Consultant who works with news organizations, private companies and journalism organizations, specializing in editing and the English language. Adjunct Assistant Professor at the Columbia Graduate School of Journalism
Section 2: Campaign
- Evidence for the powerful roles of polarization and partisanship
- The emotional brand wins
- Donald Trump’s slogan betrays a renewed political fixation on the past
- How Donald Trump bullies with his body language
- Analysing debate questions: is it time to rethink the town hall?
- Image bites, voter enthusiasm, and the 2016 Presidential Election
- Air war? Campaign advertising in the 2016 Presidential Election
- US election: what impact do celebrity endorsements really have?
- The backlash of the loose cannon: musicians and the celebrity cleavage
- The curious case of Jill Stein
- The Green Party effect in the US 2016 Election
- US presidential candidate selection
- The #LolNothingMatters election
How do politicians appeal to a constituency over things that must not be mentioned in polite company? Things like racism, sexism, violence, and other forms of hatred?
They call in the dogs. Or, to be more precise, they blow dog whistles.
Zac Goldsmith was often during his unsuccessful campaign for the London mayoralty against Sadiq Khan. The tactics attributed to him, , “included writing to people whose surname was ‘Singh’ in the address book and warning Mr Khan was coming for their jewellery.”
In the United States, Donald Trump, now the President-elect, was accused of blowing it frequently, as in that “the Second Amendment people” could do something about Hillary Clinton’s Supreme Court selections. If you believe in guns, the implication was, you could use them against a political opponent.
A real dog whistle, of course, produces an ultrasonic sound that is too high for human hearing, but can be heard by dogs, cats, and other animals. That it was invented in 1876 by Sir seems appropriate, given that he also coined the term “eugenics,” breeding selectively to produce preferred human traits.
Much human “dog whistling” seems aimed at people who would be interested in eugenics as well.
The Oxford English Dictionary says a dog whistle is “A statement or expression which in addition to its ostensible meaning has a further interpretation or connotation intended to be understood only by a specific target audience.”
, entirely user generated and thus less “formal,” is more direct, in a 2006 entry on “”: “A surreptitious inclusion of code words or phrases that will be heard by some of those listening, while not disturbing the other listeners, who may not appreciate the hidden message(s).”
As a political term, “dog whistle” has been around for a while, but no one is sure exactly how long. William Safire in 2005, noting that The Economist attributed the expression to a political consultant in Australia. Safire found “dog whistle” in a March 1997 issue of The Australian newspaper, which attributed the phrase to, um, Americans.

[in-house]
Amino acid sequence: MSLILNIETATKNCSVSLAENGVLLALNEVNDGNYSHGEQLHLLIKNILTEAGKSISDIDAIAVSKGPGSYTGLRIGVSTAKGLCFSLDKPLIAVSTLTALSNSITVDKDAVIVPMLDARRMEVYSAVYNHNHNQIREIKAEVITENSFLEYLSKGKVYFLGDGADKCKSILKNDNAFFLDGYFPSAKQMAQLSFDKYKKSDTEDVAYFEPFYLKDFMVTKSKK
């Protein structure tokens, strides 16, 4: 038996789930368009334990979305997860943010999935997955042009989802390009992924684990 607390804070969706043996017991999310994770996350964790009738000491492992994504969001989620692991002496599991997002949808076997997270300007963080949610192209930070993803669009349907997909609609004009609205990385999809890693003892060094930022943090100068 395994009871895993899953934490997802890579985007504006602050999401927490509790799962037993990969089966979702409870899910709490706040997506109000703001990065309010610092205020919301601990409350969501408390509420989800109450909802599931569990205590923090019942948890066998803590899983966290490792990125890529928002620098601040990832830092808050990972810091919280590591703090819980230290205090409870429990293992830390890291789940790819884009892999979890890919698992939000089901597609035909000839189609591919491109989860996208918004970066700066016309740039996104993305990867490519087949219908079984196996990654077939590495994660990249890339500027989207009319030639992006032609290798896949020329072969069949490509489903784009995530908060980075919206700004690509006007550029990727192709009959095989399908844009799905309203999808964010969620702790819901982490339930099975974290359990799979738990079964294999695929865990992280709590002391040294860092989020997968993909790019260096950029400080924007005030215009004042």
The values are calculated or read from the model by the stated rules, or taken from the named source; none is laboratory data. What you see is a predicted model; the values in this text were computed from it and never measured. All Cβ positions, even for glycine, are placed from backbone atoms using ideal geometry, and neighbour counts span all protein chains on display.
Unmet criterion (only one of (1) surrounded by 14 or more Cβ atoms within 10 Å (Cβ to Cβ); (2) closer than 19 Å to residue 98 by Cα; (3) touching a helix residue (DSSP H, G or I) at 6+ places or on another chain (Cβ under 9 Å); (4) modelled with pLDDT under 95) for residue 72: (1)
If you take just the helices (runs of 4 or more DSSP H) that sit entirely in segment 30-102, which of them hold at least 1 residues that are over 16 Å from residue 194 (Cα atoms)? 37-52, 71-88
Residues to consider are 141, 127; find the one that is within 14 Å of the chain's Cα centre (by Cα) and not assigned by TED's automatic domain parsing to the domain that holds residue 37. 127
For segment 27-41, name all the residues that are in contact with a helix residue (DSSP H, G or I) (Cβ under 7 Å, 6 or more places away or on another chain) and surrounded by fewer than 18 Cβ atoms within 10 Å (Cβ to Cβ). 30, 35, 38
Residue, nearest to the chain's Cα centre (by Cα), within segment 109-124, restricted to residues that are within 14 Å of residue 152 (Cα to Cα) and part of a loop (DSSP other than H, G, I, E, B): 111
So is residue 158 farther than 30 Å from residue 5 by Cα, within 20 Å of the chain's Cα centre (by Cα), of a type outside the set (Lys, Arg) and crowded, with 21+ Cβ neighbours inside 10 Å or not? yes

But both the Americans and the Australians may have been late to the party. As the Merriam-Webster blog notes, a columnist for the Ottawa Citizen, Jim Coyle, wrote in October 1995 that the term “special interest” was “an all-purpose dog-whistle that those fed up with feminists, minorities, the undeserving poor hear loud and clear.” Eleven months later, Coyle wrote: “It would be nice to think the premier was merely being thoughtless, rather than calculating, that he was not blowing on that dog whistle that only racists hear.”
A dumpster is a mobile trash container, introduced in the United States in the 1930s by the Dempster brothers, who coined the term. (“Dumpster” was a trademark until 2008.) For some reason, dumpsters catch on fire a lot. Though those fires usually are contained to the dumpster, they can be pretty spectacular, sending up lots of smoke and flames.
The term “dumpster fire” was added to the Oxford Dictionaries this year, with “informal A chaotic or disastrously mishandled situation: last season was a dumpster fire, and it didn’t get that way overnight.”
As that definition seems to indicate, “dumpster fire” as a metaphor may have had its roots in sports.
The Language Log blog the earliest metaphorical use was in 2009 by the Washington Post sports writer , who that he’d heard it from a traffic reporter he used to work with. But “dumpster fires” appear in sports reports starting in November 2008, in such places as The Arizona Star (“The season that began as a …”). But many “dumpster fires” followed Wise’s use as well, proving again how a like wildfire.
The first political reference to a “dumpster fire” that we can find is even earlier, in a by Scott Smith on the Scholars and Rogues blog: “maybe, satire aside, this whole dumpster fire is bad for progressives fighting their way toward November.” Smith says he heard the term on sports radio.
“Although we see a fairly steady rise and fall in frequency through 2013 and 2014, usage runs unusually high between the beginning of last summer and the end of 2015. Curiously enough, Donald Trump just happened to announce his campaign for the presidency on June 16th of last year.”